The entire brew event was a success, although we will not know the truly final word until we taste our work.  I have one more partial extract batch to make and then I am going all grain.  It might take longer, but the entire process is worth it.  Plus, I am just happy to have something in my kegs again.

Almost ready to cool...

11 Beers to Christmas

Entire Butt English Porter

Entire Butt English Porter!  Or as I like to call it, the whole ass.  This is one I have had before.  A very sweet nose.  Chocolate is by far the most noticeable flavor, which is surprising seeing that this porter is made with 13 different malts and chocolate counts for only two of them.  A slight bitter aftertaste, although not a typical strong roast taste as you would expect from the style. 

Saturday, December 13, 2008

12 Beers to Christmas

12 Beers of Christmas

On the 12th day before Christmas, my true love gave to me...12 different beers!  Zoë went "unleashed" at Belmont Party Supply today and brought home my own little advent calendar of sorts.  Bless her.  First Valentines Day, now Christmas.  I can't wait for Flag Day...I'm thinking keg...with a flag on it.

Backwoods Bastard

Founders Backwoods Bastard, a bourbon barrel aged ale.  Bastard indeed.  10.2% ABV.  Even though this ale has a high alcohol content, it doesn't taste like it.  My initial impression was bourbon.  In fact that is really the predominate taste, with a little bit of vanilla somewhere too.  Very good and very drinkable. 

10.2...wow.

Thursday, December 11, 2008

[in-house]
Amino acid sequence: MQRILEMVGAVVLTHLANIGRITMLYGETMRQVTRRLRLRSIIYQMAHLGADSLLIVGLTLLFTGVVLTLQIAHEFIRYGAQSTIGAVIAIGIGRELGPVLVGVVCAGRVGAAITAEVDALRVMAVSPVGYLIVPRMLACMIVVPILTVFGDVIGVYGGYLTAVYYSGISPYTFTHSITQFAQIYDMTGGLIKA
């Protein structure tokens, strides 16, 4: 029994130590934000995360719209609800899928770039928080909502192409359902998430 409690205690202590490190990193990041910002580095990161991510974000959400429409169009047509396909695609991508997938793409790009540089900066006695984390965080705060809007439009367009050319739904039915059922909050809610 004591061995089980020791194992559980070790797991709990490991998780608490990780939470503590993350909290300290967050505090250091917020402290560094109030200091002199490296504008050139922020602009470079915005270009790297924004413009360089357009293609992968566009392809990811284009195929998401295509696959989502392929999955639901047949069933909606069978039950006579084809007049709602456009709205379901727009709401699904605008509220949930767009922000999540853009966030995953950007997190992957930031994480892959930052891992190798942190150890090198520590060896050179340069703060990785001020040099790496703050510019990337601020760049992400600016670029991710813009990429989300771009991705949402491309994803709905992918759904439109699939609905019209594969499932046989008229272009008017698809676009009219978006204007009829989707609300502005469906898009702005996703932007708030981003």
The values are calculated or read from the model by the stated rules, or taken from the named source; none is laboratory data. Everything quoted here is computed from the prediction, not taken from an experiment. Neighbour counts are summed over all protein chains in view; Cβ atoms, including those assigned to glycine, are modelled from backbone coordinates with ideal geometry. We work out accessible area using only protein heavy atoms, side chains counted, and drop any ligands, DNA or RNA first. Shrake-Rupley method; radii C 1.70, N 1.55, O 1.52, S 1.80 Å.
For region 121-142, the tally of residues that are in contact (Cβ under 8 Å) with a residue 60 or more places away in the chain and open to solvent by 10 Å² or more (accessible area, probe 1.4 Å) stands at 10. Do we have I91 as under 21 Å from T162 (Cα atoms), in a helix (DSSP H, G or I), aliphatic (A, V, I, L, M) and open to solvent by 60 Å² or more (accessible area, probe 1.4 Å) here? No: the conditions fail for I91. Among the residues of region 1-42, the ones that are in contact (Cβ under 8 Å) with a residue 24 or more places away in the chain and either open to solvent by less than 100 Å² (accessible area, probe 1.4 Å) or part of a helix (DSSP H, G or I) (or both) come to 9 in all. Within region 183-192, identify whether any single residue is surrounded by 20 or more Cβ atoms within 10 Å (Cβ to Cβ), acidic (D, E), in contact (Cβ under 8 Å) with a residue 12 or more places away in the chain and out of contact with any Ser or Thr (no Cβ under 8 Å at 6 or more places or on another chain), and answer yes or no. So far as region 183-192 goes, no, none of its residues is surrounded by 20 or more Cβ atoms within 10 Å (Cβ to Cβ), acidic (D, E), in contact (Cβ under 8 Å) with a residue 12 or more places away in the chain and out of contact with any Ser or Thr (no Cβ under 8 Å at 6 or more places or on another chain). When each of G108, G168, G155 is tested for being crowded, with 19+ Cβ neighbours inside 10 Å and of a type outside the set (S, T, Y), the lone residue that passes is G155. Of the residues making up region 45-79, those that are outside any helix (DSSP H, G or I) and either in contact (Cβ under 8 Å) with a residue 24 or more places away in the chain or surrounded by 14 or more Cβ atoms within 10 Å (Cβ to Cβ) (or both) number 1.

What's on the Grill #103

Grilled Tamales with Poblano Peppers and Corn

Grilled Tamales with Poblanos and Fresh Corn!  Or, as I like to call, a pain in the ass prepared without fresh corn.  I made them the week before last, and I have just now gathered up the strength to talk about it.  This wasn't exactly the best way to spend a weeknight when you have other things to do. 

About two months ago I bought a package of corn husks with the thought of making tamales.  I was inspired by the corn tamales we had at Bobby Flay's place in Vegas.  I have never made tamales before so I was going into this completely blind.  All I knew is that I had corn husks and I had a mission.

Tamale fixins

I found the recipe on Epicurious and although I read it all the way through, I apparently "glossed" over the 3 1/2 hour total time notation.  Whoops.  Funnier still, at least to me, although the tamales are grilled...that is only 10 minutes of the 3 1/2 hour time table.  Oh well, in my book grilled is grilled.

The Stuffing